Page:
Even in decent economic times, you need to redouble your efforts if you want to stand out.
But in these times you'll need to retriple it.
I read -- and give -- a lot of advice in articles and columns, but the best advice I have read recently comes from another Huffington Post occasional blogger, Jason Calacanis. He's the founder of the Silicon Alley Reporter and Mahalo.com and I've lifted (with his permission) a chunk of his recent Business Week column, How to Hire --and Get Hired--in a Recession. (to read the whole piece you'll need to go to the link).
For Candidates: People Who Work Harder Win
The more you put into something, the better it tends to work out. (Brilliant observation, I know.)
If you're looking for a job, you want to send out as many signals as possible that show that not only are you not afraid of hard work, but you're actually turned on by it. You must understand that, right now, there are too many candidates fighting for each position. The leverage that led to bidding wars between employers two to three years ago is gone--just like the bidding wars over houses are over.
The best way to signal that you're hardworking is to explain your routine and method for working explicitly to your employer. As someone who does a couple of hundred interviews a year, I can tell you I almost never get a proactive candidate who does this!
If I were coming into a meeting with me looking for a job, here is the script I would follow:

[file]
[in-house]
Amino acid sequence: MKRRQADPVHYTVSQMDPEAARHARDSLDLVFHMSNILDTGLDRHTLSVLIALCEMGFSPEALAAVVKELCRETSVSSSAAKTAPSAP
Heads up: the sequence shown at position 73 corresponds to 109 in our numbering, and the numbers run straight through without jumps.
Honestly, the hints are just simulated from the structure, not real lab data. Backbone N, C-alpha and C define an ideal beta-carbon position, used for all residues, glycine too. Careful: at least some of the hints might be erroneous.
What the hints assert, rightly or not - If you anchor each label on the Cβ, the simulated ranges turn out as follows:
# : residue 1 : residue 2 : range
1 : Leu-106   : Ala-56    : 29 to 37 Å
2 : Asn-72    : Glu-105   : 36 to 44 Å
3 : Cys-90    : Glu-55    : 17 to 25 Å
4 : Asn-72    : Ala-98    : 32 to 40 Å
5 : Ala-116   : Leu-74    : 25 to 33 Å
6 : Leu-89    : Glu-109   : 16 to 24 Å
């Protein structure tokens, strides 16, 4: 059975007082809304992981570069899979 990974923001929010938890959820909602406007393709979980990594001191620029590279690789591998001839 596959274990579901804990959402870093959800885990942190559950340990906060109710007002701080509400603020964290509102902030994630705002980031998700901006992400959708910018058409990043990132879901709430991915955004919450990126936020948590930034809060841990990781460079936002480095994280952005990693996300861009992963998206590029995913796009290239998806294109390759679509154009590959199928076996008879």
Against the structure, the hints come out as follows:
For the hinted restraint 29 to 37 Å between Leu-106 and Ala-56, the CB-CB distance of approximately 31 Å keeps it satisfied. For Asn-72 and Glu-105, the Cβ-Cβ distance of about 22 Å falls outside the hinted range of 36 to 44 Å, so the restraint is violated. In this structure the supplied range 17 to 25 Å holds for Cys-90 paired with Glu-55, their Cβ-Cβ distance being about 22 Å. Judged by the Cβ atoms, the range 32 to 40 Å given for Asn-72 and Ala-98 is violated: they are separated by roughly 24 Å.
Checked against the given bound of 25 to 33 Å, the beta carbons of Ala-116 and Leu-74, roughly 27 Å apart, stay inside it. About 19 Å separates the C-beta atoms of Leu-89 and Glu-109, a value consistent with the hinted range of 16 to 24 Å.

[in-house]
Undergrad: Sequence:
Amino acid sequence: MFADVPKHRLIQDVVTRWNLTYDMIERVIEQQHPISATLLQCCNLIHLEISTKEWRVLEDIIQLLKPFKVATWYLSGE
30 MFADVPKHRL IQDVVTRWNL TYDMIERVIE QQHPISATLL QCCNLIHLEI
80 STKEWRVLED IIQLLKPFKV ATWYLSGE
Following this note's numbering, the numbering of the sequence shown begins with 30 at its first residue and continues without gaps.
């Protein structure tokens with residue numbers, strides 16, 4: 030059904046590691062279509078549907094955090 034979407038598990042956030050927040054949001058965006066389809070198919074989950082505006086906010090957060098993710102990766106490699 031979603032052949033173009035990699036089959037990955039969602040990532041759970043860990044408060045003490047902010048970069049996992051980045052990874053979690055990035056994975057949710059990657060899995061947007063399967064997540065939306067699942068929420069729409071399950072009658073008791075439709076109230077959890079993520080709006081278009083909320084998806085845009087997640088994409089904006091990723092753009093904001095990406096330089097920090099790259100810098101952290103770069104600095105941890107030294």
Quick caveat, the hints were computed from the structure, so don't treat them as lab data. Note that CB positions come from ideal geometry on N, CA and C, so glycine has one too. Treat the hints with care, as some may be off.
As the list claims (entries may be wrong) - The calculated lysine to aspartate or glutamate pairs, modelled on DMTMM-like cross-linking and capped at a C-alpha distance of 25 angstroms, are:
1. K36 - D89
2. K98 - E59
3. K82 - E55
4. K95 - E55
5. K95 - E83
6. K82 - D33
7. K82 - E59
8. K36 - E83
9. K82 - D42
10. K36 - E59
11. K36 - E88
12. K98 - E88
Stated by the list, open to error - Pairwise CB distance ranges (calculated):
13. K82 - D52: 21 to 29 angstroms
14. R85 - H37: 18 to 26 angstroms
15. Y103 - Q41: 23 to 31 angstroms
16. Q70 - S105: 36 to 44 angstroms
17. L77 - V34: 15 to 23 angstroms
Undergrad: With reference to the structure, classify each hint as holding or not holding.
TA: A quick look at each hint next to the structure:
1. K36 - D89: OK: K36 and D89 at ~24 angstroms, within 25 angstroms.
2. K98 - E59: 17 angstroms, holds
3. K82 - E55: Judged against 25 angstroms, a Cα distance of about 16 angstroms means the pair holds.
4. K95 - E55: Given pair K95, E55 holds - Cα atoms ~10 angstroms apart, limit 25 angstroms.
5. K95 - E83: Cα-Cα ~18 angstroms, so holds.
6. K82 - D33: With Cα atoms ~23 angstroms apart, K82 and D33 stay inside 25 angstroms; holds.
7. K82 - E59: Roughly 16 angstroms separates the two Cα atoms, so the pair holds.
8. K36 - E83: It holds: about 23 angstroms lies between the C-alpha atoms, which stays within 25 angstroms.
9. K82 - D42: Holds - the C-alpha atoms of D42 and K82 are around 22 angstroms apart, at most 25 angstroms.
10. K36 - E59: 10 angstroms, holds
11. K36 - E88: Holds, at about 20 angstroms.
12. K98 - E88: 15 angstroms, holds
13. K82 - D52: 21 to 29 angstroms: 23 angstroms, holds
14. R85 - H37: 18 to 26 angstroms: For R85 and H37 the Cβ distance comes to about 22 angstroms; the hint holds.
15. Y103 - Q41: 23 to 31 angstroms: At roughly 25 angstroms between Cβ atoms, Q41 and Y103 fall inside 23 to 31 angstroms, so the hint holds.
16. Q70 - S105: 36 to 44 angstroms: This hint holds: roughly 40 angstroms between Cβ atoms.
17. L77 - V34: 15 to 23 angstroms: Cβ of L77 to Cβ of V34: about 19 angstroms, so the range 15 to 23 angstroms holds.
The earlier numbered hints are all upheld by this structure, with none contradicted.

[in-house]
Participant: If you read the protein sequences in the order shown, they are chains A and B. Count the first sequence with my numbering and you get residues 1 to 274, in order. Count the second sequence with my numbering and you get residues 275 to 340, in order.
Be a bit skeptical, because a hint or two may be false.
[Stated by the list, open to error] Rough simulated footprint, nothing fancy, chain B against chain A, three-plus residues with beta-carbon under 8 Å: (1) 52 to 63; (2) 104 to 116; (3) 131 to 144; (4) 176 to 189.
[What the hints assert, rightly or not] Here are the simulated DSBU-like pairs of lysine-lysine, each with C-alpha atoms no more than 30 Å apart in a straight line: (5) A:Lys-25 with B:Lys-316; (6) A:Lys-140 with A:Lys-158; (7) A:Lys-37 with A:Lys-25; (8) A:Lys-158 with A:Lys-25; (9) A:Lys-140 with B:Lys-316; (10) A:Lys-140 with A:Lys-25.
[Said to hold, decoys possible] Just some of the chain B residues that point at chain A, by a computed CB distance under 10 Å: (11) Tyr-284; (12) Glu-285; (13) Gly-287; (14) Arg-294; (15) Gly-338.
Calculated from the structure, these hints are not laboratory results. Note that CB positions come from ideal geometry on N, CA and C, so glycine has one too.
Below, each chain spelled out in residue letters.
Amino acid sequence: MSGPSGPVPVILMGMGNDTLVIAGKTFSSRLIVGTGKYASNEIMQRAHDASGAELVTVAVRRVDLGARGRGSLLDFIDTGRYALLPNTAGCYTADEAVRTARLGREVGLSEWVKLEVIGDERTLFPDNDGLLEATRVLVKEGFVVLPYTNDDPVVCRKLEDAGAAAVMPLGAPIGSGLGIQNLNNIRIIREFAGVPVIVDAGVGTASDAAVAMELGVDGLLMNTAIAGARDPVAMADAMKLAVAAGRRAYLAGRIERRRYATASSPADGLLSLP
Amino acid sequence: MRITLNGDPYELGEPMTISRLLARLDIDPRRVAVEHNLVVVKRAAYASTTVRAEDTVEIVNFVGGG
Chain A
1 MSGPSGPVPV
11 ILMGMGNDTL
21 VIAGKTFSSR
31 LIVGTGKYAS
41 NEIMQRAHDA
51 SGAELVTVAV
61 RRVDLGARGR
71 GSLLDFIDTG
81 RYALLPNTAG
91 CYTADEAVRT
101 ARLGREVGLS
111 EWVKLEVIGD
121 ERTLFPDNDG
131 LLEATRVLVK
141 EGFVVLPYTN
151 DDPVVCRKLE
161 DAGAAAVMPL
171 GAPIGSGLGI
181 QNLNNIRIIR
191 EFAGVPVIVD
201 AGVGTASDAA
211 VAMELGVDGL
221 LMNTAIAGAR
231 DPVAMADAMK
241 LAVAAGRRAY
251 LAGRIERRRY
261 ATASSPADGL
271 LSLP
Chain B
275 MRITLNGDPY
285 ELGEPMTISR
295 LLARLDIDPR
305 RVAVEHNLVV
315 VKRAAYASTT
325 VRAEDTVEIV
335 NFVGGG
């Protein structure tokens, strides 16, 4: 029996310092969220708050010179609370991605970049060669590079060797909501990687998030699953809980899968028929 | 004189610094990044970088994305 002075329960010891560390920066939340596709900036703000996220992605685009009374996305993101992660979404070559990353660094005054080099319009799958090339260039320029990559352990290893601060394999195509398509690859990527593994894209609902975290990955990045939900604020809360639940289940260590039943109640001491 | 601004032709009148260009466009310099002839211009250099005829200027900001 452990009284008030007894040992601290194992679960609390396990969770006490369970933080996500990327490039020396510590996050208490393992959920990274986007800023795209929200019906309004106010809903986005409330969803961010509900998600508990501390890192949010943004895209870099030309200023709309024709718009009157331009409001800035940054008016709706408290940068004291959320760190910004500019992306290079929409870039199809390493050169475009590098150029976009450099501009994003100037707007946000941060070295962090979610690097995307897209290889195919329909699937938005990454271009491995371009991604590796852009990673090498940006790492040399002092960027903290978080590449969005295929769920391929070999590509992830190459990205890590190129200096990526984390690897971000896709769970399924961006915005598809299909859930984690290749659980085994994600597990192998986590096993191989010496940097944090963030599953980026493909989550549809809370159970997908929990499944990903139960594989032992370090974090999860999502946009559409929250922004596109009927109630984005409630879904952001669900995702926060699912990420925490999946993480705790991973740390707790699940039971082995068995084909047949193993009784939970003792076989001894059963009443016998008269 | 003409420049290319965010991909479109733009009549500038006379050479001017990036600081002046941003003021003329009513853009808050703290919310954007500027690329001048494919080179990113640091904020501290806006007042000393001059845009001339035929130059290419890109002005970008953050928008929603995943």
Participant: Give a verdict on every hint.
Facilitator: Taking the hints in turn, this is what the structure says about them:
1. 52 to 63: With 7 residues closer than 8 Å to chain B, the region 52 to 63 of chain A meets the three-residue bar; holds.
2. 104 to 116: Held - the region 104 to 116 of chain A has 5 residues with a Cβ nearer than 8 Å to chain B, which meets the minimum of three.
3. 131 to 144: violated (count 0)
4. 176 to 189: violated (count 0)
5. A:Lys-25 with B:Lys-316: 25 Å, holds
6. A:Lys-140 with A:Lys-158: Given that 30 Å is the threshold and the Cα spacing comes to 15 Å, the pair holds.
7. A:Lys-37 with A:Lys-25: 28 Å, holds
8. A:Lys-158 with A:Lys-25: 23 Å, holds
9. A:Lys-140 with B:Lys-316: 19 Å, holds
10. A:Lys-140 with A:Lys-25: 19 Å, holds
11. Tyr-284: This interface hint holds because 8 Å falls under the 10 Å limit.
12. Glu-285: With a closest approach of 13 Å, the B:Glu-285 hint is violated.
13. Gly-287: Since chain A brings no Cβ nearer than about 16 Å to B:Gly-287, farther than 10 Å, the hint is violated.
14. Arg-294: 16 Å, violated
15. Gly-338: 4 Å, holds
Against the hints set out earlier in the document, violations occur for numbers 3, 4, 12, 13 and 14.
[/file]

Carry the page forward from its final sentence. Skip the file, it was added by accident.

Candidate: "Thanks so much for having me in to discuss filling the role of VP of BlahBlah. May I tell you how I've been able to make an impact at the companies I've worked at before?" (Translation: "I'm confident I can fill this position. That's why I didn't put the word 'possibly' in front of 'filling the role.'")
Employer: "Certainly." (Translation: "Thank the Lord! Finally, a candidate with whom I don't have to pull teeth!")
Candidate: "My belief is that hard work--not busy work, but hard work--is what differentiates the teams that win from those that lose. My method for working is that I like to prepare for the week on Sunday. I read up in the trades on where the industry is on the weekend, and I prepare a game plan for myself for the week ahead. This only takes an hour or two. Just a simple list of some goals I want to achieve and what I think will help the company reach its goals: I make it a point to get into the office on Monday an hour or two early. This gives me a chance to get an even bigger jump on the week--something I believe is very important. I tend to do working lunches with clients or hit the gym to get myself thinking. Finally, I've made a philosophy of not leaving the office until my boss does.... I think that's the honorable thing to do."
Employer: "When can you start?"
Seriously, I've been waiting for someone to say that to me for a decade, and it still hasn't happened. Now, I'm not saying folks can't have a life and family--let's not start that whole controversy up--but in a market like this, people seriously are going to need to sacrifice.
Bottom line: Employers are going to hire the hardest-working people and lay off the clock punchers first in an economy like this (as they should). If you want to get employed, your best strategy is to put yourself into the hardest-working bucket.
What would impress me (back to Mark here) most about such a candidate is not just their confidence, take charge attitude AND behavior, but their ability to think and act prospectively. Given a climate where no one seems to be able to look ahead and everyone is reacting, such a P.O.V. would stand head and shoulders above the competition.